What about our own particular “branch” of the greater Church of God? Is it right for us to be loyal to it? Are there any Bible examples of loyal service to individual “branches” of the church of God? Actually there are, and we will come to them shortly. The early church of God in the first century, as far as we know, was not separated into various corporate entities as we are today. Nevertheless, the early church was scattered into geographical branches.
Another point to consider is that we should not think of other Church of God groups as competition. I believe that we should think of them as “other temporary homes” for our fellow Christians – but again, only if those temporary homes – those other church groups – are on the right track.
I Thessalonians 1:1:
Paul, and Silvanus, and Timotheus, unto the church of the Thessalonians which is in God the Father and in the Lord Jesus Christ: Grace be unto you, and peace, from God our Father, and the Lord Jesus Christ.
II Thessalonians 1:1:
Paul, and Silvanus, and Timotheus, unto the church of the Thessalonians in God our Father and the Lord Jesus Christ.
There does not seem to be a lot said in these two verses. They just seem to be formal opening greetings. But, Paul wrote many letters to the various congregations of God’s church in the Mediterranean and Asia Minor area, and some of those congregations, as we know, were closer to God than others. This congregation in Thessalonica was just one congregation in the greater Church of God at that time. But twice, Paul particularly specifies that the congregation in Thessalonica was “in God the Father and in Jesus Christ.” He does not say this about any other congregation in any of his letters to them. This is the kind of branch of the church that we must give our loyalty and service to. We need to belong to a church group that is “in God the Father and in the Lord Jesus Christ.”
God’s Word reveals other brief commendations to church members who loyally served their local congregations. Here is just one example:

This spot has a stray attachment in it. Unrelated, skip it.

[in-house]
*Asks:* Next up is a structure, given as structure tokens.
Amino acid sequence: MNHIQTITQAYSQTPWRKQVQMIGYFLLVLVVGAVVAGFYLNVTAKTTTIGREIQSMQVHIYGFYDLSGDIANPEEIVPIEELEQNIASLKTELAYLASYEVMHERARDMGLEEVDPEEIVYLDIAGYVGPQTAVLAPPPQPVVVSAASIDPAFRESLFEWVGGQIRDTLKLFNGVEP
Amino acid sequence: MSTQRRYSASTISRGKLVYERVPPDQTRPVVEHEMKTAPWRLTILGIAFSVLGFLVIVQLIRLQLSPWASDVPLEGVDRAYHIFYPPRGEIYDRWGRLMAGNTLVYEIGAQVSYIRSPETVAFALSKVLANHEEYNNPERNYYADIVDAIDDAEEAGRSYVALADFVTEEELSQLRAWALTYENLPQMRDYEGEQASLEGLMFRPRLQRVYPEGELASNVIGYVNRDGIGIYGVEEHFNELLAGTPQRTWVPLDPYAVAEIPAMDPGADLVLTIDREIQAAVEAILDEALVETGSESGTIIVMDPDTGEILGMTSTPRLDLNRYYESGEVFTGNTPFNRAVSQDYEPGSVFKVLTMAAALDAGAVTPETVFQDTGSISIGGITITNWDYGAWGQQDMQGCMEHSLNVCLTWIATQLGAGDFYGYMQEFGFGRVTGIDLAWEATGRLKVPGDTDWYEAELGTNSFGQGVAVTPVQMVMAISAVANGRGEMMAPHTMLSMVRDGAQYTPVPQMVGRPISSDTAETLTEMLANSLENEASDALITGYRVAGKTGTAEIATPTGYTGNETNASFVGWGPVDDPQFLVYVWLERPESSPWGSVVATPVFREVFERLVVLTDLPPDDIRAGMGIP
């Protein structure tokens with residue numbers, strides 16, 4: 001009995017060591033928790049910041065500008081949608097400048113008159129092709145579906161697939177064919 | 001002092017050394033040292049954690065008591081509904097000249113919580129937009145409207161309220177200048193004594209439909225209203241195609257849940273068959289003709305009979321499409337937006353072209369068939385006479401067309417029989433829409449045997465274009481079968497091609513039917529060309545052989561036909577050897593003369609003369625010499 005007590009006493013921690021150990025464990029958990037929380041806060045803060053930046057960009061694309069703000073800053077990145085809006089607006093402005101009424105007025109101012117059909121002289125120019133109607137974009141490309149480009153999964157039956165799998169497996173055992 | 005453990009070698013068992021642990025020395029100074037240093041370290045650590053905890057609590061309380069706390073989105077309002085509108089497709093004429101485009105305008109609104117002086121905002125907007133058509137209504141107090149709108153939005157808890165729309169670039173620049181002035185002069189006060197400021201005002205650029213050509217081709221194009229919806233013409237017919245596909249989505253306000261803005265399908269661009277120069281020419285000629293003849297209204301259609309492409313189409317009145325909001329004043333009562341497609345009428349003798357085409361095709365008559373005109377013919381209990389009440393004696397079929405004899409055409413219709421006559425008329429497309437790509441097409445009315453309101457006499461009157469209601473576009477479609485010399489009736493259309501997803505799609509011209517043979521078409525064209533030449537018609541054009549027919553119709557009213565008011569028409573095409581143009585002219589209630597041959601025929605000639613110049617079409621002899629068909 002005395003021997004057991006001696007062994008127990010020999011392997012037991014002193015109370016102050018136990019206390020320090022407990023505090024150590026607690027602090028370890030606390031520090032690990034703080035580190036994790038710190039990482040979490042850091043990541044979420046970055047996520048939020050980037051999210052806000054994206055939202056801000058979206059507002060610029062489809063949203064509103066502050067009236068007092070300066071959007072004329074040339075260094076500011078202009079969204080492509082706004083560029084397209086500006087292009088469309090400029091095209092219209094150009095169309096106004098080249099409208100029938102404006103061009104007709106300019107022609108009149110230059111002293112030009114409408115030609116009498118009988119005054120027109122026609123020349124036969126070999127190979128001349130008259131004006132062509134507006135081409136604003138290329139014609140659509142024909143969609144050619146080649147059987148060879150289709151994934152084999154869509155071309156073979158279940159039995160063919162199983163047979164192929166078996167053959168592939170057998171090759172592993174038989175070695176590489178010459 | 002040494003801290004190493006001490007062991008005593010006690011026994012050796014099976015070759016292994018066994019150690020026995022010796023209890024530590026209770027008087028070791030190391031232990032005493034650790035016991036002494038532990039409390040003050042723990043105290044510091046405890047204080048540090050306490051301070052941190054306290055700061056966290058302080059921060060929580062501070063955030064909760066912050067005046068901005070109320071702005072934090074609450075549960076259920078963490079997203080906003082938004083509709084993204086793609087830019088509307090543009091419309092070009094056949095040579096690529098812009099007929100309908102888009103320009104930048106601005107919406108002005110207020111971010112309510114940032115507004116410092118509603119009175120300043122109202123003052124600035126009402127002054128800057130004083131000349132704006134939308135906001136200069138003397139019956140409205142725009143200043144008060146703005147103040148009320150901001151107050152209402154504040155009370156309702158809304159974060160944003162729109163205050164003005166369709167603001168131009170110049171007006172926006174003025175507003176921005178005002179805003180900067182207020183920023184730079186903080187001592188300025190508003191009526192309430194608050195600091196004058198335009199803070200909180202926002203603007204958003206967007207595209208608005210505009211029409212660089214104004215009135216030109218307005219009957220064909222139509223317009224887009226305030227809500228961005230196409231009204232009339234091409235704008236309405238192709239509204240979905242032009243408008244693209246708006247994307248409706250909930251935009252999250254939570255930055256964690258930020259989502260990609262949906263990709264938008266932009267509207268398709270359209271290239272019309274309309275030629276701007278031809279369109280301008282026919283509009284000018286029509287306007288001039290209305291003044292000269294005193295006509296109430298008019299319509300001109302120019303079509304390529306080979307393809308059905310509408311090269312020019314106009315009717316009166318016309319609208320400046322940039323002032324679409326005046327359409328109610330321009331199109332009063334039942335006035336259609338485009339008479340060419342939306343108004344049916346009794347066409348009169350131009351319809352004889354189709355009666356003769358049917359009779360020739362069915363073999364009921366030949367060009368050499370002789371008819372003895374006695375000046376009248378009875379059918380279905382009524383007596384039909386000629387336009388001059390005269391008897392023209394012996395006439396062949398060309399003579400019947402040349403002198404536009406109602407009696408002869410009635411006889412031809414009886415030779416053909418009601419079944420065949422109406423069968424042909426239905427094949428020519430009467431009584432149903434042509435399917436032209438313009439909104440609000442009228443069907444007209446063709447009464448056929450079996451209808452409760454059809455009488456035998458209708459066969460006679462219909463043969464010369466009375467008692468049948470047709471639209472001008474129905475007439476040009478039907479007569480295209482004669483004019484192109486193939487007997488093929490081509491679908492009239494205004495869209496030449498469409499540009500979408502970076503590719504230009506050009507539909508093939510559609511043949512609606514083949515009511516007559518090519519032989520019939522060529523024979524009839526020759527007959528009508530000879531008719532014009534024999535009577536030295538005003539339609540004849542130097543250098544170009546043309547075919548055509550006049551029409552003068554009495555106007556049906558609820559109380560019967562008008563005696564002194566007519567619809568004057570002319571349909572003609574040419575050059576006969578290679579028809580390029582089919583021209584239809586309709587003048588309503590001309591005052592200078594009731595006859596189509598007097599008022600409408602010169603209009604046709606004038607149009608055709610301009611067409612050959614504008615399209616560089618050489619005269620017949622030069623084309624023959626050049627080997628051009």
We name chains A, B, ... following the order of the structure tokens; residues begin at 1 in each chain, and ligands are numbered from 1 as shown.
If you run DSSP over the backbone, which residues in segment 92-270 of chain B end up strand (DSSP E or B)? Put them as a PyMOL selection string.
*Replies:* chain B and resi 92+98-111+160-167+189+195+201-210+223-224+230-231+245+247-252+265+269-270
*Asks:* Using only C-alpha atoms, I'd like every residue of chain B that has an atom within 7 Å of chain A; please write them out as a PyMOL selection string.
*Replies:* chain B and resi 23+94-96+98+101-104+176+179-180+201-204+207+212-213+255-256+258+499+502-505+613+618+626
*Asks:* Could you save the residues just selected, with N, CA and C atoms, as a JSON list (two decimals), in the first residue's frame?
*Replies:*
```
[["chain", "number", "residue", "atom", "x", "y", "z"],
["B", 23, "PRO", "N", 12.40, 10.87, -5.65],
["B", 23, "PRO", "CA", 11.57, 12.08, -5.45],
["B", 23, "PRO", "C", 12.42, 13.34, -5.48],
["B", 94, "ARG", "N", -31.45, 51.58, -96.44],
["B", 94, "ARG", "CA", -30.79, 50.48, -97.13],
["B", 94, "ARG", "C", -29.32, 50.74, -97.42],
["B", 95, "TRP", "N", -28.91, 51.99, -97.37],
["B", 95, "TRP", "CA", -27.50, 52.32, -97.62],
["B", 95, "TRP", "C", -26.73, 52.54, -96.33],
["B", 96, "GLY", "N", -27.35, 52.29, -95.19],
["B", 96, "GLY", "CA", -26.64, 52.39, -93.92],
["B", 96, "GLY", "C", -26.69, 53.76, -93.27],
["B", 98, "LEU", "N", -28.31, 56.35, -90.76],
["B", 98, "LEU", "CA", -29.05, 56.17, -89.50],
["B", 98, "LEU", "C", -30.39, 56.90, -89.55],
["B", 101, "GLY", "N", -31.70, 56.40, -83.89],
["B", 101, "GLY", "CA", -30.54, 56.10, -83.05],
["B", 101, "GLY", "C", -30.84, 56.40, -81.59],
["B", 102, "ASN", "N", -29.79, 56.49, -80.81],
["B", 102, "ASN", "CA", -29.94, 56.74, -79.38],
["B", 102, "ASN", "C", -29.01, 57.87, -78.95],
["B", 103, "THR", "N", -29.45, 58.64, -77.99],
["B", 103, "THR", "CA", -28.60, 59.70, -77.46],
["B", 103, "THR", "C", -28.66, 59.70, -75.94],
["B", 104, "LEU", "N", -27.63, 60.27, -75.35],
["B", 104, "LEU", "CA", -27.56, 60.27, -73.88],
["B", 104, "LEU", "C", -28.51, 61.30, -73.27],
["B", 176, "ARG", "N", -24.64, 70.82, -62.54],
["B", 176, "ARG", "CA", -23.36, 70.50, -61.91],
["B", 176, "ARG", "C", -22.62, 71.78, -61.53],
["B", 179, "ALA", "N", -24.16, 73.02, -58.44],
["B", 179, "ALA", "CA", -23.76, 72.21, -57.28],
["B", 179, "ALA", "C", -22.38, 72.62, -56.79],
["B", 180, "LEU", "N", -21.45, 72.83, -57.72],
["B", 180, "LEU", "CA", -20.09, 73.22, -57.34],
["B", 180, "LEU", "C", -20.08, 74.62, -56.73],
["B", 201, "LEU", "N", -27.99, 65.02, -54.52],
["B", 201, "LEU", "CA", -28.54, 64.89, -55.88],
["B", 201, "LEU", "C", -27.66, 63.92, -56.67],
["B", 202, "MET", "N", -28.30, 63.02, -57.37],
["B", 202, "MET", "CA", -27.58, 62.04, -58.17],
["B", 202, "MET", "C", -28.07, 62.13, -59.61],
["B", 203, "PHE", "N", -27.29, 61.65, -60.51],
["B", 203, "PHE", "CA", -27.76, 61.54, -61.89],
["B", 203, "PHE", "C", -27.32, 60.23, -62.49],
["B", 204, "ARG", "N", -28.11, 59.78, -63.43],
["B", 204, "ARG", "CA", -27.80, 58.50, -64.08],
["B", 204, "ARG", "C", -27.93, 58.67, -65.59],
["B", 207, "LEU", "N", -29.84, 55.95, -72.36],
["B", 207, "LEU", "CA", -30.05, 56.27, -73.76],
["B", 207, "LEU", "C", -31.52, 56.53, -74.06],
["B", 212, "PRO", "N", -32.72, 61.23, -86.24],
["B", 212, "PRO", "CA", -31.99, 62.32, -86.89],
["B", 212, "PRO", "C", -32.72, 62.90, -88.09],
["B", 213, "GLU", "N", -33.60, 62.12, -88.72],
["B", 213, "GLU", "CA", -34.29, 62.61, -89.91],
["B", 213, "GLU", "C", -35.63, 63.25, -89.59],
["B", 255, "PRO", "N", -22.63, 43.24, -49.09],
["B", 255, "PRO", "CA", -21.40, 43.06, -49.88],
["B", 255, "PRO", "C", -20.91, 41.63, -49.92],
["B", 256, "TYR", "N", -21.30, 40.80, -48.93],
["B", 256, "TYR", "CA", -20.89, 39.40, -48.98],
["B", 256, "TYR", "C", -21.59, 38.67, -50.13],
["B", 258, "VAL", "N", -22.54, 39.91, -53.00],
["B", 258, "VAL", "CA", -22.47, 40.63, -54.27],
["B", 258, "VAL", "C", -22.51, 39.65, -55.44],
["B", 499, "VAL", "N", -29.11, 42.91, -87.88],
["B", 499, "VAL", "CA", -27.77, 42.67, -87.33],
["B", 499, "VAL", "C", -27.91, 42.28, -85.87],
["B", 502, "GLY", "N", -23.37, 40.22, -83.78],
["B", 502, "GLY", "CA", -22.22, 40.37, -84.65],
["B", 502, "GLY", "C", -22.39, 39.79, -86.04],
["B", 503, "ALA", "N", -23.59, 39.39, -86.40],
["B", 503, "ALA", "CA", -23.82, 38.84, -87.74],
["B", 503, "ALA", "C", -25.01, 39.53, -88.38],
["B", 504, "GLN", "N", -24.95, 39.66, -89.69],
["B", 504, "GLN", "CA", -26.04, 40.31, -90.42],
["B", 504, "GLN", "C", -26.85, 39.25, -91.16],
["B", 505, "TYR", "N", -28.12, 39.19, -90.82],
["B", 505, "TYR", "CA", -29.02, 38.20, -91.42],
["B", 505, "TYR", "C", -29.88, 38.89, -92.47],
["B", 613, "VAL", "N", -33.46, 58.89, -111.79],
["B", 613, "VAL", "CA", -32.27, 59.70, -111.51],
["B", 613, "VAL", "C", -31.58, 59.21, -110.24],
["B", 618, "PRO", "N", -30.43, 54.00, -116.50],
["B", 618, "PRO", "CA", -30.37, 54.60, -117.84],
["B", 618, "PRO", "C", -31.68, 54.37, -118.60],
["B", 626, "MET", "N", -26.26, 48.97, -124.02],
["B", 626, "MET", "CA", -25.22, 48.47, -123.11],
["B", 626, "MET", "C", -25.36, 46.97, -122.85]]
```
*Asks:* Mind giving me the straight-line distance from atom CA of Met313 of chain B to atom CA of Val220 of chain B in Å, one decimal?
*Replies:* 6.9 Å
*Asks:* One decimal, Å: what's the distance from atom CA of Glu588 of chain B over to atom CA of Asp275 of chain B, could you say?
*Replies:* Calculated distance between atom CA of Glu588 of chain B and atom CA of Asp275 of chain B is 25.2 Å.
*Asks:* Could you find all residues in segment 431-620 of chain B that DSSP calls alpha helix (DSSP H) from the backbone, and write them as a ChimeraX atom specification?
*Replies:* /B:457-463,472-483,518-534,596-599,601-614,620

Romans 16:1, 27:
I commend unto you Phebe our sister, which is a servant of the church which is at Cenchrea:… To God only wise, be glory through Jesus Christ for ever. Amen. (Written to the Romans from Corinthus, and sent by Phebe servant of the church at Cenchrea.)
Please notice that Phebe was commended because she served the Church of God. But Paul is even more specific than that. He tells us that Phebe specifically served the Cenchrea congregation – just one individual branch of the greater Church of God. God called this lady, Phebe, into the Cenchrea congregation, and she was specifically loyal in service to that branch of the church.
Most members of God’s church feel that we are where we are – that we are in the church group that we are in – because God put us there. I believe that, in most cases, this is so. I believe that it is generally so. However, I also believe that we have free moral agency and, because we have free moral agency, we remain in the church group that we are in because we prefer “our branch” over the others – at least the ones we are familiar with. We prefer the leadership style. We prefer the preaching style of the ministers and the other speakers. We prefer the explanations of the doctrines we receive in “our” church. We prefer “our” method of keeping God’s Sabbaths and the Holy Days, believing that they are in line with His commands.